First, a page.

Even without major changes, Buffalo Wild Wings stands to gain. BWLD has already introduced cost-savings initiatives that will slash up to $50 million in expenses, as well as introduced loyalty programs to entice consumers to visit the restaurant more often. Management also hinted of a willingness to focus on its off-premise business.
“Second-Chance” Stocks to Buy: JCPenney (JCP)
J C Penney Company Inc (NYSE:JCP) is a department-store mall retailer, and that alone is enough to make most investors skeptical about a turnaround. They didn’t feel any better after Q1 earnings in mid-May sent shares reeling; even after a recovery, they remain 15% lower from that point.
I say give JCPenney — and its three-point plan — a chance.
First, JCPenney is making major moves in its private-label business. As a reminder, during JCP’s 2016 analyst day presentation, management pledged to increase its exclusive brands from 52% of sales to as much as 70% in 2019. If successful, this should drive a recovery in margins.
Second, JCPenney’s push into omnichannel might be a bit late, but it’s better late than never. Management is aiming to boost online sales by double digits every year. It sounds overly optimistic, but any improvement on the online front would be a welcome boost to a struggling top line.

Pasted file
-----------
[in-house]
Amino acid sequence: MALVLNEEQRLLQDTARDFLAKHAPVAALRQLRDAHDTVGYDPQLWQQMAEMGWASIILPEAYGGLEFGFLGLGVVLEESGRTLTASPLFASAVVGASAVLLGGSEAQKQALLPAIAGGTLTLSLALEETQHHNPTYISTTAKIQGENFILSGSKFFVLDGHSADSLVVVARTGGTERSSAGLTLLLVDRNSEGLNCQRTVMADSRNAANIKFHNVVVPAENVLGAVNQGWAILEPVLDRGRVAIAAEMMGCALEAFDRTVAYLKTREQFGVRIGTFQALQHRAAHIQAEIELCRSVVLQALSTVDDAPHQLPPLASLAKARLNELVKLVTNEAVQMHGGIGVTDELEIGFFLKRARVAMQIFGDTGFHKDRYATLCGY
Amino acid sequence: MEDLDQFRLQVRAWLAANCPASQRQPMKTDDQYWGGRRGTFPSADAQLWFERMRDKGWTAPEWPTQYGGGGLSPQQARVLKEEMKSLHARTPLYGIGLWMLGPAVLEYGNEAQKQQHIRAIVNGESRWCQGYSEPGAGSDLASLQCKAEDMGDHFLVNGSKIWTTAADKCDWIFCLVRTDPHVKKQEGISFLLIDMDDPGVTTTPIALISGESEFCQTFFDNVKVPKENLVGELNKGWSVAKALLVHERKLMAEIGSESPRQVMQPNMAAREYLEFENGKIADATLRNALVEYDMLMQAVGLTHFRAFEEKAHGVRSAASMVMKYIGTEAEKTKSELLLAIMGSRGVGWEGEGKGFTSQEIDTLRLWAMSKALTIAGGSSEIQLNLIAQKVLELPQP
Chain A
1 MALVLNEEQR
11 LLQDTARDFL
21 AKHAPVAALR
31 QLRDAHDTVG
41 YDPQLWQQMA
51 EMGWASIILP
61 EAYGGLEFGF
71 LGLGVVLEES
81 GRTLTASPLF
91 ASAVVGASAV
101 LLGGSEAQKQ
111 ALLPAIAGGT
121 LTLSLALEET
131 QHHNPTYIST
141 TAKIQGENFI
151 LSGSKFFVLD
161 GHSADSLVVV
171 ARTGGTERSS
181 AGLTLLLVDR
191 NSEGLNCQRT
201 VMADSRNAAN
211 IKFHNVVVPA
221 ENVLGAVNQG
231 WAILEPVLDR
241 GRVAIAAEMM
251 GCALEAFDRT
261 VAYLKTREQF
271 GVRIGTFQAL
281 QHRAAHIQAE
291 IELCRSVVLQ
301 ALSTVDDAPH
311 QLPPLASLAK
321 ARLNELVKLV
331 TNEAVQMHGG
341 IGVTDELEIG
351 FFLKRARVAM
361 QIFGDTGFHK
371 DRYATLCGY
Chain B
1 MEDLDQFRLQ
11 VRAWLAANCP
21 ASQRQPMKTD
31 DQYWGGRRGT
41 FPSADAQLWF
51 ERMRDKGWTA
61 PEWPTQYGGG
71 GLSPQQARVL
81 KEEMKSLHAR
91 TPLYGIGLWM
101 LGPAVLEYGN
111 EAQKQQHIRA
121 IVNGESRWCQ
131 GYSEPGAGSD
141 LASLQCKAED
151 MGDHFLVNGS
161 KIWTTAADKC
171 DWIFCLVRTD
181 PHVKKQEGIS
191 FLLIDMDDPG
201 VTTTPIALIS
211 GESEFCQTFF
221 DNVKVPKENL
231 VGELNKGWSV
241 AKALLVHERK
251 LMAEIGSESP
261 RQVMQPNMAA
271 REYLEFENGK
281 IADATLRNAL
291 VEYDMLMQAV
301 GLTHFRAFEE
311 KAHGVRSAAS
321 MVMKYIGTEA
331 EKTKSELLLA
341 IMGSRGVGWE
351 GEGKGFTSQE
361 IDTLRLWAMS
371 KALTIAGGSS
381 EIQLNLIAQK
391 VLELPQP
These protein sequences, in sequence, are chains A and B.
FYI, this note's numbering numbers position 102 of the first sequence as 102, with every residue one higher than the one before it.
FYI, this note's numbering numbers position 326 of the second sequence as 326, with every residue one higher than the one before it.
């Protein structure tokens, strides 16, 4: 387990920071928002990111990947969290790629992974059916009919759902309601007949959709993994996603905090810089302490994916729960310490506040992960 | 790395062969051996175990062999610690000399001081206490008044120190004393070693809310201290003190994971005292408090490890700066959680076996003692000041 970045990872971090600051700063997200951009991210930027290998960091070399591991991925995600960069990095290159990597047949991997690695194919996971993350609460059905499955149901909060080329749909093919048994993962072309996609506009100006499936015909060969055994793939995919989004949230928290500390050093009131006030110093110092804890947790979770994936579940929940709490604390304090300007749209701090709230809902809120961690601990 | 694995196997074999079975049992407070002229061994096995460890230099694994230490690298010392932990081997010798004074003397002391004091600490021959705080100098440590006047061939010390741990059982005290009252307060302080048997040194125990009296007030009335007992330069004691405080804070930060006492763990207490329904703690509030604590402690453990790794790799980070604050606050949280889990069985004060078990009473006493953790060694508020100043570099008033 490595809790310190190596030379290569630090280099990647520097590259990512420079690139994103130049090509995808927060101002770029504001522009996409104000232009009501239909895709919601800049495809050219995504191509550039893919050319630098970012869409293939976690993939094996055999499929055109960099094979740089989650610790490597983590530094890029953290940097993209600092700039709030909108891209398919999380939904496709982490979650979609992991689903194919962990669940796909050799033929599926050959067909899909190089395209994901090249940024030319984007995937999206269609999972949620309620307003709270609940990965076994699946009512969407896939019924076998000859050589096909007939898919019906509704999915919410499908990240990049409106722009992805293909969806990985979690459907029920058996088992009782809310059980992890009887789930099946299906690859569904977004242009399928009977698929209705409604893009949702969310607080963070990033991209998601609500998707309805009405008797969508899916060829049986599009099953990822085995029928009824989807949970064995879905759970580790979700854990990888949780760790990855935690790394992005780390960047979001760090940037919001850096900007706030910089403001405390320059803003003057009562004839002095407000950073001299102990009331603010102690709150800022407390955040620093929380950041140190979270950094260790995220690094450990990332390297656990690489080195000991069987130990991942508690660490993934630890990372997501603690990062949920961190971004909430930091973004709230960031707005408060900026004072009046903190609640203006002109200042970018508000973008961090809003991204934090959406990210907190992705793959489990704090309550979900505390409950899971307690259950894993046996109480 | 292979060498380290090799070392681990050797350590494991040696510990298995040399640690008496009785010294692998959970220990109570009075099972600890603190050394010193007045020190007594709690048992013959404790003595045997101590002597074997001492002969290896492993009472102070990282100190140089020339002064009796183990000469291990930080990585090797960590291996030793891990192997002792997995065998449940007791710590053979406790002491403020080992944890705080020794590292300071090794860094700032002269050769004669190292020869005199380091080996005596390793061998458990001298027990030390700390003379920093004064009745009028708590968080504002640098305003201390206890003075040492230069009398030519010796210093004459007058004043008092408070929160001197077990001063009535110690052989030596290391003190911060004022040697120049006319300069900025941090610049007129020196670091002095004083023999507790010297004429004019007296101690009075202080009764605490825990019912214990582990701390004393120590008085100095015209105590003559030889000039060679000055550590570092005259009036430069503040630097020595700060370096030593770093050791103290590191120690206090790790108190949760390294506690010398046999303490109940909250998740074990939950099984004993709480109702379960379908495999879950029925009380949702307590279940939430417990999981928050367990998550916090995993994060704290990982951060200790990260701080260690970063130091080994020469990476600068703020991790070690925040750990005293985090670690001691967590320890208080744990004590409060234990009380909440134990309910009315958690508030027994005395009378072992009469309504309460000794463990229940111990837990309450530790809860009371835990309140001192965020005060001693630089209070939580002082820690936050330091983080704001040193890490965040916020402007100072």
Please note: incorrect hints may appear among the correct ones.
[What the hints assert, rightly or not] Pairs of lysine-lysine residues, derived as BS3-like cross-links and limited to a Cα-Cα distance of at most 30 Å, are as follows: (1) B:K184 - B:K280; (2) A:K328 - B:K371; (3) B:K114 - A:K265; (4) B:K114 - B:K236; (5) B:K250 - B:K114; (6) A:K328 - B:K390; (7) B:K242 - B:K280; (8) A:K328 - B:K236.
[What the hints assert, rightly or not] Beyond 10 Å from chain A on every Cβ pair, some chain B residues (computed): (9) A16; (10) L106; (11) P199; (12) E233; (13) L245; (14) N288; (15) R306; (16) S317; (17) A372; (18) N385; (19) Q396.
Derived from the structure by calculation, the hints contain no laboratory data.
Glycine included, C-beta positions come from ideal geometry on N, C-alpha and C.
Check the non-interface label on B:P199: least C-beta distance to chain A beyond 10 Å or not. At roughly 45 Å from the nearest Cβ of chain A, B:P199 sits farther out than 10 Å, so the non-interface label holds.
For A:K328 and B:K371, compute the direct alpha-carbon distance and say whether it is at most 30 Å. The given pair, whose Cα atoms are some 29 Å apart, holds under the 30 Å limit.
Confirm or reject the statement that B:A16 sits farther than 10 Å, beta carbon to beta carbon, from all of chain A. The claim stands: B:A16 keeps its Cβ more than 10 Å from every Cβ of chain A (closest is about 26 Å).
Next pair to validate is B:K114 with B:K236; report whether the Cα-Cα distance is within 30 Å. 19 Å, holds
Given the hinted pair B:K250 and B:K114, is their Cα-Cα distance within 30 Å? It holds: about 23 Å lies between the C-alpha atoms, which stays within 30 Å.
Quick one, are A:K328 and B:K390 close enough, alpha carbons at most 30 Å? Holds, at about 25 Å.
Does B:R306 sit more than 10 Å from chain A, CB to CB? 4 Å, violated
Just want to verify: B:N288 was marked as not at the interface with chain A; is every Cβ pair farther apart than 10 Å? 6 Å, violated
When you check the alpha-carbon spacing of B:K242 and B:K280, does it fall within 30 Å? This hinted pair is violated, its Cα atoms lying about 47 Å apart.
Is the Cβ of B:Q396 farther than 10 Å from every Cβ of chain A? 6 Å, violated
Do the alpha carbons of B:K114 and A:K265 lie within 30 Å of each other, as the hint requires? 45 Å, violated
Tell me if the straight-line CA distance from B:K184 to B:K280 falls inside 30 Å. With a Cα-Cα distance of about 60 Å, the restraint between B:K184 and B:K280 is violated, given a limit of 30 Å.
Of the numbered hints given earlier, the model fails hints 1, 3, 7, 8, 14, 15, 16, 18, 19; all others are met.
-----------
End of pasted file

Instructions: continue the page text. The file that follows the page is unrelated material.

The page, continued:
Last, JCPenney is on a mission to boost revenue per customer. It’s doing this by playing to its strength; namely, 70% of its customers are female, and the company is making the right investments — via home and beauty additions — to wring out more per visit.
“Second-Chance” Stocks to Buy: Mattel (MAT)
Mattel, Inc. (NASDAQ:MAT) is off by more than 15% this year, including a big drop following its Q1 report in May. But this remains an interesting turnaround and income play.